Fridays for the Future

On Friday 20 September millions of young people worldwide, joined by business people, NGOs and individuals who care for the environment marched for action to combat climate change. If decisive and immediate action is not taken by governments, industry, agriculture, civil society and individuals, the world is headed for a temperature increase of 5°C by the end of the century, and 8°C in the next. That spells annihilation for mankind and most of the species on earth.

There were large marches and demonstrations in the USA and Australia, which have been ravaged by tornadoes, wildfires and drought. There were marches in Europe. People across Africa also demonstrated. In Windhoek a small protest of about 200 people, mostly from schools, marched from the Ministry of Environment and Tourism to Parliament and to the Municipality. Sadly, the only conservation or environmental organisations represented were the Namibian Environment and Wildlife Society and Eloolo.

Petitions were handed in to a Director at the MET and to the Secretary to the National Assembly, and finally to the Mayor of Windhoek, who noted the importance of combatting climate change. Trees were planted at all three locations by Eloolo, the Namibian permaculture organisation.

Fridays for the Future grew out of the lone climate strike by schoolgirl Greta Thunberg, and have become a rallying point for young people to demand that governments act to protect the future of humanity, and the countless species being lost by the day, and the forests burning, now, in the Amazon. This is what some young people in Windhoek had to say on Friday:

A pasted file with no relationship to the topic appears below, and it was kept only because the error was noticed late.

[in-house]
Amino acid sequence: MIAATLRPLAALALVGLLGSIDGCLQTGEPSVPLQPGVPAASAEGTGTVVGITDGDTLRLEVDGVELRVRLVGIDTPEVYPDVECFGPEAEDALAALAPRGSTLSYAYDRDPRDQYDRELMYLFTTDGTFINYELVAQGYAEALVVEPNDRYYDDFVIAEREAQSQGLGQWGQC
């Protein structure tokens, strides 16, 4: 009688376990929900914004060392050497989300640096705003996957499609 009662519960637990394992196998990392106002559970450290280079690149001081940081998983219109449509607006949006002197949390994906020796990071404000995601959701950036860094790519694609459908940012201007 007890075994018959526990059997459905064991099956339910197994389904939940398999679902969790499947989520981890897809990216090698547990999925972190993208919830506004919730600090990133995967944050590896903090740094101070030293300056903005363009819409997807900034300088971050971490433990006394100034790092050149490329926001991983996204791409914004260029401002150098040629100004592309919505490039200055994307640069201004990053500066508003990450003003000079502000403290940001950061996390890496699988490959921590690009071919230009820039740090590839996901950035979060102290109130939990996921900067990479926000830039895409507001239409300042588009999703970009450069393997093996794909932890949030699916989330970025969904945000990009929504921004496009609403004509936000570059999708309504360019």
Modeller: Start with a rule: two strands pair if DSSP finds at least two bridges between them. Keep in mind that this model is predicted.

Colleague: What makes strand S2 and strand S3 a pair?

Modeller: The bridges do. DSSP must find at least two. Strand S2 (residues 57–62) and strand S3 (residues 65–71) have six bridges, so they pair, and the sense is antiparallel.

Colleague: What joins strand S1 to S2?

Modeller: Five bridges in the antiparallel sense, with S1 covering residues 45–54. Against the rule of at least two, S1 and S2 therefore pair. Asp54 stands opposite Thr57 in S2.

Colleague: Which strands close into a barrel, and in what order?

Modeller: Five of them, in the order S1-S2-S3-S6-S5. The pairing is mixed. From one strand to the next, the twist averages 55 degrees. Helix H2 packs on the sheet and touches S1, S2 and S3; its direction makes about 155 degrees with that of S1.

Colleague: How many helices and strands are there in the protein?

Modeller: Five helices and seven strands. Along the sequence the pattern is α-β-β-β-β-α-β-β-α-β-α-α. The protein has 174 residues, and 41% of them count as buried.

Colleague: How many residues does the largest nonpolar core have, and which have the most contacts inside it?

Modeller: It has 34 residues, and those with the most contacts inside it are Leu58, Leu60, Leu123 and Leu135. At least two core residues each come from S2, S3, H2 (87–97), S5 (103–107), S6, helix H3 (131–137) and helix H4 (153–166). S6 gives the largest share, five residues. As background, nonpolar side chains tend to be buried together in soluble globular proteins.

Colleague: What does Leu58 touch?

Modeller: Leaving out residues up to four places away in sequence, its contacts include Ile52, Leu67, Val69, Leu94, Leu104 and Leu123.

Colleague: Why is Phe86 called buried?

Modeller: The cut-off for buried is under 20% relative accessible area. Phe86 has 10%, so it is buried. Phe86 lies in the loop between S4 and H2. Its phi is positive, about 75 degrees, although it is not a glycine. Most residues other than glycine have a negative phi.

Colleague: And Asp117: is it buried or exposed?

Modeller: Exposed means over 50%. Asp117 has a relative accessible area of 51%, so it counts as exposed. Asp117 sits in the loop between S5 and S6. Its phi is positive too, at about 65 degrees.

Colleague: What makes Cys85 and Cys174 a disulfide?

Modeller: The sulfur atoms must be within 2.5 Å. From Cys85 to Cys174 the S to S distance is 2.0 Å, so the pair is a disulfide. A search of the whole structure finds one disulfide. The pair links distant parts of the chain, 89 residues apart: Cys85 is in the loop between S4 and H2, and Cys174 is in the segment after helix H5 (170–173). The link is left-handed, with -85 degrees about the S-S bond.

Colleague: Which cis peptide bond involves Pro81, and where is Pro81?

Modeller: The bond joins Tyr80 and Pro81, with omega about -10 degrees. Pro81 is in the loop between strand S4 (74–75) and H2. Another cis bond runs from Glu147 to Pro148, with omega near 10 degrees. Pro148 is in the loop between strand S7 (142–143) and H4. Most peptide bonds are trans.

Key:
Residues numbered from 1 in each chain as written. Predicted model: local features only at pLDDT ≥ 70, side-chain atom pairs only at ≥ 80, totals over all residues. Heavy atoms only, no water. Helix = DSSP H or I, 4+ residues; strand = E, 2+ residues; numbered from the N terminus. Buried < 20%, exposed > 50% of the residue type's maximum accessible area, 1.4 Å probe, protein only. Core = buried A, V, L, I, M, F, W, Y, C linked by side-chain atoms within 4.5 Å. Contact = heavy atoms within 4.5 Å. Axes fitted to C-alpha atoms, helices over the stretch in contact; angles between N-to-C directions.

Vincent: There is constant drought, there is constant heat. We need to stop ignoring this. It is our future, our kids that are going to be devastated. Species are dying out right now. Trees are being cut down. We really need to do something right now.

Ignatius: We are really in a deep crisis. We need a completely different mind-set for our children and our grandchildren.

Margaret: Climate change is happening. Seventy per cent of Namibians are young people. If we don’t speak up now, we won’t have a future. The least we can do is leave the Earth as we found it.

Georgina: I am severely affected. I come from a communal area in Namibia. The rains come later and we have no food security. The rivers are drying up. We have to buy water. So instead of taking this to the UN and what not, we are taking action ourselves and going to government officials and telling them that you are killing our planet and our livelihoods.

Natasha: Things are looking devastating. We are the future. If we don’t take action now we are all gonna die.

Hans: I’m here just to remind the government that we have a lot to do to fight climate change. As little as Namibia is, we can do our part in order to fight climate change and we can be a part of the global community.

Christian: I am here today because I want to make a difference, even if it is small. I want to show the world, especially my country, that climate change can be conquered.

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